Why CSS slows down your page

Latly, I've been working on improving our web site's mobile web experience, from a performance perspective.

I started by inlining all the style definitions to be in the HTML head, instead of doing an extra calls to get the css file.
This worked out great! Although the page size increased, avoiding the extra calls had significant improvement, especially in a mobile device.

But... This will not scale. Using css files has many advantages, like caching, maintainability, etc...

I added a single css file to my page, and was stunned by the results.
The Page Load time and Start Render time have doubled!

I compared the results of both a page with and without a css link, and it seems the rendering of the page starts only after the css file has finished downloading.
This article explains it more in depth, but the gist of it is when a browser stumbles upon a css link, it immediately stops the rendering of the page, and waits for the css to download, while the rest of the page is still being processed of course.

You can simulate this with the following markup:

<html>  
    <head>CSS test</head>
    <body>
        <div class="before">
            Before a css call is made - this will render immediately
        </div>

        <link rel="stylesheet" type="text/css" href="css-test.css">

        <div class="after">
             After a css call is made - this will render after a long time
        </div>
    </body>    
</html>  

And the following css:

.before { background: green }
.after { background:red }

The first div will render immediately. The browser will process the link tag, and will stop rendering the page. When the css file will be downloaded, the browser will reprocess the DOM and render the page again.

As you can understand, this is the basic behavior of the browser.

How to improve

I'll start at the end - I succeeded at improving the Start Render time of my page:
I used an external css file and this only added 200ms to the page compared to using inline styles

CSS links should be first in the head tag

This will make the browser issue the requests as early as possible, which will increase your chances to download them faster.

Use the same domain as your web page

One of the oldest tricks in the book regarding resource downloading is to use a different domain for your resources. This is well known technique which is the direct result of the requests per domain limitation of browsers: A browser is limited by the numbers of calls you can do per domain (four in most browsers).

While this does wonders on desktops, in mobile it is problematic at best (especially for css resources), since creating the initial connection to each new domain takes longer on a mobile device, which I've seen in my tests that are clearly the most wasteful things, from a network perspective (DNS lookup and establishing the initial connection to the new domain):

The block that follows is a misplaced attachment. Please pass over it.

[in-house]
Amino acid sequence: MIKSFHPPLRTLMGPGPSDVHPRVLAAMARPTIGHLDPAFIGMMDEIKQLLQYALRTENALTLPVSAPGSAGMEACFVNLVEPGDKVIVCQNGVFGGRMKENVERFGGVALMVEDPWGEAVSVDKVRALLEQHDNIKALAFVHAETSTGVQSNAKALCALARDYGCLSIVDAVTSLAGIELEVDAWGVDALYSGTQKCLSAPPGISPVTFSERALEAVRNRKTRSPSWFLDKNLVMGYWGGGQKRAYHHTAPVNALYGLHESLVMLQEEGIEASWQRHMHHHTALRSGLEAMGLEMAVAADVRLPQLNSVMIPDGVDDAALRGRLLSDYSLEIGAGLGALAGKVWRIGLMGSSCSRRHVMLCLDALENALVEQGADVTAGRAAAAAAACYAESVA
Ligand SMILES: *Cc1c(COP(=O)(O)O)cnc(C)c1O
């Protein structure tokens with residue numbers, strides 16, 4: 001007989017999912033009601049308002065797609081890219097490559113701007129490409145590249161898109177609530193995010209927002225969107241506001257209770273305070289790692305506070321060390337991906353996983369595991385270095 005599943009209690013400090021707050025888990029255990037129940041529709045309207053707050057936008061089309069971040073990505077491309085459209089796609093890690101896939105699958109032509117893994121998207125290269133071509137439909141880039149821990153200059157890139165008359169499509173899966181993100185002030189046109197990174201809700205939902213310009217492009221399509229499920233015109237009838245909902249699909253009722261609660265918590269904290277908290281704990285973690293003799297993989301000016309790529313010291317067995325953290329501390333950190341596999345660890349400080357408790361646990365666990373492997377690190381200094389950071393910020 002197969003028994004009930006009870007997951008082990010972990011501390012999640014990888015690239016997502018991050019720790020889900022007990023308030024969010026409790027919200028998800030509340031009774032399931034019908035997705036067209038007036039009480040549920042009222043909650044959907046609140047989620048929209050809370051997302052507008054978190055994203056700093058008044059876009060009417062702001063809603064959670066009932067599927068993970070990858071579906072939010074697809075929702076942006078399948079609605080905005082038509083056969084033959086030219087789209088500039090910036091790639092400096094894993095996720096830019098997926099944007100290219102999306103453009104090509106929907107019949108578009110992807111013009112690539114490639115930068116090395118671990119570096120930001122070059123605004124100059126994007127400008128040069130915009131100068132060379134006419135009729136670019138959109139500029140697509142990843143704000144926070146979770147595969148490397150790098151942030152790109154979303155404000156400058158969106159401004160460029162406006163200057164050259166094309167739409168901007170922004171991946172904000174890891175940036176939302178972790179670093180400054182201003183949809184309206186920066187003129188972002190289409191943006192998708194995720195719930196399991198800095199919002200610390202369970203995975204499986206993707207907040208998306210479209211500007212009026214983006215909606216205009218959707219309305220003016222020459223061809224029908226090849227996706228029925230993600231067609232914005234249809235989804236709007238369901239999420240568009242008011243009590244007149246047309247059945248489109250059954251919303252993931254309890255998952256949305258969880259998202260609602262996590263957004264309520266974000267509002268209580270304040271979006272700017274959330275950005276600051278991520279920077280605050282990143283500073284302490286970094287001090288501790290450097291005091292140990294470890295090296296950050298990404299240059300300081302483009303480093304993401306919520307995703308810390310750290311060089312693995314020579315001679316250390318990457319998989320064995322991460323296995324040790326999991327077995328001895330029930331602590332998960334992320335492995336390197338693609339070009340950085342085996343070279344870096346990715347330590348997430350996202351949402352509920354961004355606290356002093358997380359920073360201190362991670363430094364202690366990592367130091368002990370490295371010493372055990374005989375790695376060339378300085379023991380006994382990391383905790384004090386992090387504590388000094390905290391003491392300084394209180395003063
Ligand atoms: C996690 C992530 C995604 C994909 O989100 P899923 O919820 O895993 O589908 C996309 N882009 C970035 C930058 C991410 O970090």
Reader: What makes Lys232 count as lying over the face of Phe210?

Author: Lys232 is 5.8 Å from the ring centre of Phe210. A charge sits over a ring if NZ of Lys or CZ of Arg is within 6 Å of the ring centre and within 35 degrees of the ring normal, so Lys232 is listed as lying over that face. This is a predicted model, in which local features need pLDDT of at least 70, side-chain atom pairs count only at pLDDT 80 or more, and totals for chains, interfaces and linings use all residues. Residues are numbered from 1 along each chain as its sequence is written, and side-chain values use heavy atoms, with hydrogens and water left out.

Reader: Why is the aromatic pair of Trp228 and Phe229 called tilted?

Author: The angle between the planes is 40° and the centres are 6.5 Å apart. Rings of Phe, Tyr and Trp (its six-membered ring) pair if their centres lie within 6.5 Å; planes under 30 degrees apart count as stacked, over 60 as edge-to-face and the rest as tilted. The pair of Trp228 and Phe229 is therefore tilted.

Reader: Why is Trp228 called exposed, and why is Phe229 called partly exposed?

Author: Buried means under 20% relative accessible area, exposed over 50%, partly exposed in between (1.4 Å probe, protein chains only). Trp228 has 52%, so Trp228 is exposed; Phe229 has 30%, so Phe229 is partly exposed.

CSS Network times

If you move your css file to the same domain as your web site, your browser will use the same connection, since it is cached from the request, so it won't have to do a DNS lookup and open the connection again, and by that you are reducing two thirds of your network time for the resource.

The downside of course, is if you have more than one css file, you'll have a problem doing more than the limited number of requests per you domain.

More so, if for some reason you need to do ajax requests while rendering, in which case you'll have to wait.

Limit the number of css resources

I recommend no more than two css links per page.
The more resources you'll have, the longer it will take your page to render.
Its that simple.

I used a mixed approach - single css file for the page, and style in the head of the page for the stuff above the fold.

Size does not matter

Well, it does, but not as much as you think.
If you minify your css properly you won't have any problems.
Initially I thought the base64 images I had in the css file caused the high network time, but it had little effect when I removed them.
Keep a close watch on these and only download the css you really need.

The async approach

Browsing around looking for more answers, I found out this library. Using it, causes the rendering of your page to continue and it will load the css in the background.

The problem with this approach is the rendering of the page will look strange - first you'll see and unstyled page and when the css will be ready, the page will be re-rendered.

What I recommend is to use style definitions within the HTML head section for everything you render above the fold, and download the rest of the css async.

Summary

By following these guidelines, with an external CSS request, I've turned this:
Slow Rendering into this:
Fast Rendering

These simple steps will make the experience of your users a lot better.
For mobile users especially, which do not like to wait a long time before seeing something when they click a link.

I'm still looking for tips on how to make a web page render faster, so if you have one, don't hesitate to share

Yossi Shmueli

Keeping it green since 1995

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